by Robert Lansing
Robert Lansing (1864-1928) initially served the State Department as a lawyer and was known for his work on the Lansing-Ishii Agreement in 1917 with Japan over their changing relationship with China during World War I. He became the Secretary of State under Woodrow Wilson, and a member of the American Commission to Negotiate Peace after the close of World War I.
However, Lansing did not share the same vision for the League of Nations that Wilson did. He and Wilson had a bitter falling out, particularly when Wilson had a stroke, and Lansing called for Thomas Marshall, the Vice President, to assume presidential duties. Edith Wilson, the wife of Woodrow, requested Lansing resign, and he did. He went back to practicing law in the private sector until he died in 1928. This work by Lansing focuses on the World War I peace negotiations and highlights his very different perspective of how events unfolded, suggesting alternative actions, and gives a fascinating glimpse at secretive international negotiations behind the scenes.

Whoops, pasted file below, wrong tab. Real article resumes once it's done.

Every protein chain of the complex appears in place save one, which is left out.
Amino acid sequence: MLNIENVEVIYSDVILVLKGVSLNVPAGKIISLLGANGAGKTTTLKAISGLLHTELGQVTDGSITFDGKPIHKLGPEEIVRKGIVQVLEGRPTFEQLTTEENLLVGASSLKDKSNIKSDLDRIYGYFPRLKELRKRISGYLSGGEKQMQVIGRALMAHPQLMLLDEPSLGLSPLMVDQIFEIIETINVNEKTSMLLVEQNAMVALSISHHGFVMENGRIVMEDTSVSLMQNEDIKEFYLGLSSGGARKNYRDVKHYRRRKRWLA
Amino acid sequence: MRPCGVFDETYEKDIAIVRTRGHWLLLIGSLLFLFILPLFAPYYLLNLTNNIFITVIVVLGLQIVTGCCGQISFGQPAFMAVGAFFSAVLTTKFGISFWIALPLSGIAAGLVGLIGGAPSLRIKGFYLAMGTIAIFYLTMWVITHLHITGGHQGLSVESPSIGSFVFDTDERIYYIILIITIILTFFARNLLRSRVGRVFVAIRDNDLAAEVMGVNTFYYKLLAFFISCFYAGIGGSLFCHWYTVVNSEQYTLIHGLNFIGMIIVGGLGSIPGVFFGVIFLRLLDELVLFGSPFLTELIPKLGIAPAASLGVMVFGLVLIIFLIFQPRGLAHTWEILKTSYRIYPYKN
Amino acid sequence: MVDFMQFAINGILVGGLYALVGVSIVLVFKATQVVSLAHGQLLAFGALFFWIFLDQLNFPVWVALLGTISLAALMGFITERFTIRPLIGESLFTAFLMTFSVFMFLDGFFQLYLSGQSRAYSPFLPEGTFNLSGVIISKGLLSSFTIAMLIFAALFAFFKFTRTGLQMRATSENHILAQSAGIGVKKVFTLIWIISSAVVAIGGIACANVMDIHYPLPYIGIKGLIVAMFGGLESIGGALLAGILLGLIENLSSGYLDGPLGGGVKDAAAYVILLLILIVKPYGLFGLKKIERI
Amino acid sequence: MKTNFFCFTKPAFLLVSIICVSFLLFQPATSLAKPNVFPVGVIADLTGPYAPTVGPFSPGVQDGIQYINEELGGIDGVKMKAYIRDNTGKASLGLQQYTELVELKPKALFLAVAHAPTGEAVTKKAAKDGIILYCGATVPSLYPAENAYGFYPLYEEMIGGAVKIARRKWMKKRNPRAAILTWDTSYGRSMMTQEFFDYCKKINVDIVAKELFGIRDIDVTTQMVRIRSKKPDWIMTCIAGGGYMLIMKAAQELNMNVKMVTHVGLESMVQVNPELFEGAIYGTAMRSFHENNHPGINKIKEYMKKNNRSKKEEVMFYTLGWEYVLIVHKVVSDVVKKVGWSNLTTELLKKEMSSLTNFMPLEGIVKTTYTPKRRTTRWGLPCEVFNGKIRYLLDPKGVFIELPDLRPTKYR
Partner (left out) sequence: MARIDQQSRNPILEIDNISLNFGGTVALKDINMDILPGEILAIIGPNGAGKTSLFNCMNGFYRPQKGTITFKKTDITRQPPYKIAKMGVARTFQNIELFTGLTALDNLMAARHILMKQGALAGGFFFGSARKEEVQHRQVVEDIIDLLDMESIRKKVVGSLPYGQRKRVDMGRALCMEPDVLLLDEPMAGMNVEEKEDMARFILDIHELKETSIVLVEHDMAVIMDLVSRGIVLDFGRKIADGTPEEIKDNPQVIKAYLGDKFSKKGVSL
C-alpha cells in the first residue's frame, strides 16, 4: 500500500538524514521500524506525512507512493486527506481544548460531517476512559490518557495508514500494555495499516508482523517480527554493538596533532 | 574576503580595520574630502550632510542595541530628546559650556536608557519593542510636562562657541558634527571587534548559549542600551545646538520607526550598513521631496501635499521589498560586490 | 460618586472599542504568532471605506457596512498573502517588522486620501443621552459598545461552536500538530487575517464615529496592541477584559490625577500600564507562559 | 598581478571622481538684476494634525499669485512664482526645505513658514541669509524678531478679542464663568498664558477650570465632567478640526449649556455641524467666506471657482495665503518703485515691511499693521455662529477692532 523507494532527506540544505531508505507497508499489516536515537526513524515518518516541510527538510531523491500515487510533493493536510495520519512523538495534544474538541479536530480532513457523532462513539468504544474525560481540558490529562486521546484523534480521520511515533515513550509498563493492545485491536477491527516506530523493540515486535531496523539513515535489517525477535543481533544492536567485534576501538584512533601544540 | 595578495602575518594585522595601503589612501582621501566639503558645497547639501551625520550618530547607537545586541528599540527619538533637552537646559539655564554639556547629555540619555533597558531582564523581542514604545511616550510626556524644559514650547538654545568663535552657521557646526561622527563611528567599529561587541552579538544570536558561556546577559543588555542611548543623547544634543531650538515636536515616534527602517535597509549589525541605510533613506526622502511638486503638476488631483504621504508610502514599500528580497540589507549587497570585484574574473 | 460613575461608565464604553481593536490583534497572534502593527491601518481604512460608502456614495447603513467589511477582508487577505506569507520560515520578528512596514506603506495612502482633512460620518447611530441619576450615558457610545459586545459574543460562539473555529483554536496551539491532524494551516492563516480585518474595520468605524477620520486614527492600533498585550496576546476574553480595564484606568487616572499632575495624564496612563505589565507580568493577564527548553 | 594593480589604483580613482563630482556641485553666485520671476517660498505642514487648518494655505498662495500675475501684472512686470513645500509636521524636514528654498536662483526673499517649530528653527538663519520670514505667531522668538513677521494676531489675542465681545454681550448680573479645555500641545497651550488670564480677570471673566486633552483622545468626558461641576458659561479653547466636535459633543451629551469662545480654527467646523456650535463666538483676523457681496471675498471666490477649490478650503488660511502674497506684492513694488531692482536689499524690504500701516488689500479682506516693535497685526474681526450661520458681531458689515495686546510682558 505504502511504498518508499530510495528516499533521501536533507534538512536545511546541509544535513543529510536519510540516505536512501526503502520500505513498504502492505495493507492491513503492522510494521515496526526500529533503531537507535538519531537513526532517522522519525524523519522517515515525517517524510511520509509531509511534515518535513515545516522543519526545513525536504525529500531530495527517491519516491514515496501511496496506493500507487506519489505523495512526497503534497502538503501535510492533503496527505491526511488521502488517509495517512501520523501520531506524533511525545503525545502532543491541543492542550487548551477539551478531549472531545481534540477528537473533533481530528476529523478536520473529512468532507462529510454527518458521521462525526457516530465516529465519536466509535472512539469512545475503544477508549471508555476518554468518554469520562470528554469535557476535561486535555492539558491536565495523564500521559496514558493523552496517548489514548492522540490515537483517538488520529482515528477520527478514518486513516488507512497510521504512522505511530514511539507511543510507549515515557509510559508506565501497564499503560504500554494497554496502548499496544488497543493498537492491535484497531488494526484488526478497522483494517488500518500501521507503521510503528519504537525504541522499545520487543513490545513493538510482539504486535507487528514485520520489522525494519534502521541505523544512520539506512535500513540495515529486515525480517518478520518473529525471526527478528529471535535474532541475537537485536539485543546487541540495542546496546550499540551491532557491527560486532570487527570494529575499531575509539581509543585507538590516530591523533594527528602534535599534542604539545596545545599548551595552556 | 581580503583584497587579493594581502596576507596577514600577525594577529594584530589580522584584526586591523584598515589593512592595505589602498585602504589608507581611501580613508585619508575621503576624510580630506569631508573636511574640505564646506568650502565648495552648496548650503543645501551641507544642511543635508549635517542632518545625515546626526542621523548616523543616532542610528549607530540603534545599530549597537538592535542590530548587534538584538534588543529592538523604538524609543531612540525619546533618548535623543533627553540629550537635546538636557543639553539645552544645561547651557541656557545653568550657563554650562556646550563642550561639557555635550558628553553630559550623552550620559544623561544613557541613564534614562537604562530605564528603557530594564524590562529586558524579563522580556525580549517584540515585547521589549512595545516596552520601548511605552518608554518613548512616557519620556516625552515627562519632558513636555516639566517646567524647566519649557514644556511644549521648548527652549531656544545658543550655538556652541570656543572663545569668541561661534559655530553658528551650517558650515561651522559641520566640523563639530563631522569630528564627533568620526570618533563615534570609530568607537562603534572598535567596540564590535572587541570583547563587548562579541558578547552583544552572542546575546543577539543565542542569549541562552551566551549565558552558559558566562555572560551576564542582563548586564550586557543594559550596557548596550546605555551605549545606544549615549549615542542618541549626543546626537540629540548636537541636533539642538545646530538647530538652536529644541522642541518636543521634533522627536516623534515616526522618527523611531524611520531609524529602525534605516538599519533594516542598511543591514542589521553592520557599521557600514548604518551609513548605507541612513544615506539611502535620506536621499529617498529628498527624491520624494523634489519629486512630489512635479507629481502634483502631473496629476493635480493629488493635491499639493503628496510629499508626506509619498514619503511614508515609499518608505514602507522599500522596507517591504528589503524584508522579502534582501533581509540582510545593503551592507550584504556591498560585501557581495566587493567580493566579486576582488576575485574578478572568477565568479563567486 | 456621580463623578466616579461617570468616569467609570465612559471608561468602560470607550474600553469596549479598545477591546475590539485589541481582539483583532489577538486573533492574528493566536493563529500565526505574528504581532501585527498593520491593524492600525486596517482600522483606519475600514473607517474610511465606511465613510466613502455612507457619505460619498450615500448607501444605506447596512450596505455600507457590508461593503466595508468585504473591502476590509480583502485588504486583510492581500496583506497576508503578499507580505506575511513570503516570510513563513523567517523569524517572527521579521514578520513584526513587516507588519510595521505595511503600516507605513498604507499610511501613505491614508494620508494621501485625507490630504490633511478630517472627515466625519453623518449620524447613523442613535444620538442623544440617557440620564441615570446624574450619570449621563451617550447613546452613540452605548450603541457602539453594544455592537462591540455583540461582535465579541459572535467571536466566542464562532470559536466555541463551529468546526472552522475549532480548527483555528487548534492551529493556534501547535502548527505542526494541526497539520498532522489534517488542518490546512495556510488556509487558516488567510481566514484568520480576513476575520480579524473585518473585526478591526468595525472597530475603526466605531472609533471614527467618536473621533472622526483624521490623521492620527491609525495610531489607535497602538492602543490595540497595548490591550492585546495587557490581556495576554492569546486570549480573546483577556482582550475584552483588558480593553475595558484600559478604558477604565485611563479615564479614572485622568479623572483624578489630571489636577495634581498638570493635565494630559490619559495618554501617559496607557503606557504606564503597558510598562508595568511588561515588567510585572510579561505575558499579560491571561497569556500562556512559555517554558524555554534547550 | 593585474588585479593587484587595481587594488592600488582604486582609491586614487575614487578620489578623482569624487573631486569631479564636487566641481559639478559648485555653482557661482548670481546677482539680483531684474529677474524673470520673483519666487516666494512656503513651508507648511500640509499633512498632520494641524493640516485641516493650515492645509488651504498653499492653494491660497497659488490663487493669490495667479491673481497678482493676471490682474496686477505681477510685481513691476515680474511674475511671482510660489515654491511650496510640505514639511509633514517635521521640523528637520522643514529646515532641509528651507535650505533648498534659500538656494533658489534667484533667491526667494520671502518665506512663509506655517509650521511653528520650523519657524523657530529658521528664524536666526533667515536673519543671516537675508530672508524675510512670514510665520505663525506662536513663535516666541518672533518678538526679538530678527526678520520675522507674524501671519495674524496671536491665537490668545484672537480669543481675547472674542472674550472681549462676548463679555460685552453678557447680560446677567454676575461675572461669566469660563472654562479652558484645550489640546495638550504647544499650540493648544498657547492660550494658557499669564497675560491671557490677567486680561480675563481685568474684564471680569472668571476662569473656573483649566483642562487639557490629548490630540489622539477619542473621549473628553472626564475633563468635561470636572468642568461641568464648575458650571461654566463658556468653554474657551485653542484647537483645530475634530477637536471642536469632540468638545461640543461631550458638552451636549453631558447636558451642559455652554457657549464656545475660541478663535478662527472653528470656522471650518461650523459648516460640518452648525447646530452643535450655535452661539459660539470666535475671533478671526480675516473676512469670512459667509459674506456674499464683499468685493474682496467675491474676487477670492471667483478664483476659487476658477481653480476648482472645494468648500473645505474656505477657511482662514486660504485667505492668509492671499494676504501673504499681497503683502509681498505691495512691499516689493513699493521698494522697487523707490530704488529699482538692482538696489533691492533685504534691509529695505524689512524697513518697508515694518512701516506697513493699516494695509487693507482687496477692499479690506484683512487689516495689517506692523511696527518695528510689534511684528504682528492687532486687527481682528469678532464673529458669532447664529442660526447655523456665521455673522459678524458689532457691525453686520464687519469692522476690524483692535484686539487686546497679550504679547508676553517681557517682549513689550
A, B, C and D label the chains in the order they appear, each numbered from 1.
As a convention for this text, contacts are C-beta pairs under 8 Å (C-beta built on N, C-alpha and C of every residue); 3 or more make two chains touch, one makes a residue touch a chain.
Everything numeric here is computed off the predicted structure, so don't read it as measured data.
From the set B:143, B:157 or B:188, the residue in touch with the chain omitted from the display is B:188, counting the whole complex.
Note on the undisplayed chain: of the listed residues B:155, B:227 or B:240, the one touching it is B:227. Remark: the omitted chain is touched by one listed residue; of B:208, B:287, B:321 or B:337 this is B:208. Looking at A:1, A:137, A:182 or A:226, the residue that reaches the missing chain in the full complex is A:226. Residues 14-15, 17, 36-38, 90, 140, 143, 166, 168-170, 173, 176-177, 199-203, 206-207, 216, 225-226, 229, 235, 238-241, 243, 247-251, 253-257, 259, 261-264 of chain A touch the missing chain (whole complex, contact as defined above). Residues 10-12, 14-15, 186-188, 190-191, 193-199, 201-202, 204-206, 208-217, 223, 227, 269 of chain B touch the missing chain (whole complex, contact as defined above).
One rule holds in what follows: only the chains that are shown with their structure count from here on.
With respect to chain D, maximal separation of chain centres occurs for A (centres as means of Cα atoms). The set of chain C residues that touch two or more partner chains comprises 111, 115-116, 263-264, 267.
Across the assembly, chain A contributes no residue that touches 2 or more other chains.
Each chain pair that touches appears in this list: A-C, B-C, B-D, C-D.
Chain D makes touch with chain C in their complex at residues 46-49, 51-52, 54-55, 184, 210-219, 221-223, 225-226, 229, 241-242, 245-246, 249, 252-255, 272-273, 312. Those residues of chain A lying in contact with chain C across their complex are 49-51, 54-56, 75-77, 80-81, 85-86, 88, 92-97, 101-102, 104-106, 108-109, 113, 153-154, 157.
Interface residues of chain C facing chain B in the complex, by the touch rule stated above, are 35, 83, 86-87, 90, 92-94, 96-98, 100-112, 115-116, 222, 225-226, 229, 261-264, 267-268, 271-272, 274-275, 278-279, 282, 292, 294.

This edition is dedicated to Bruce Rich, keen scholar of international relations.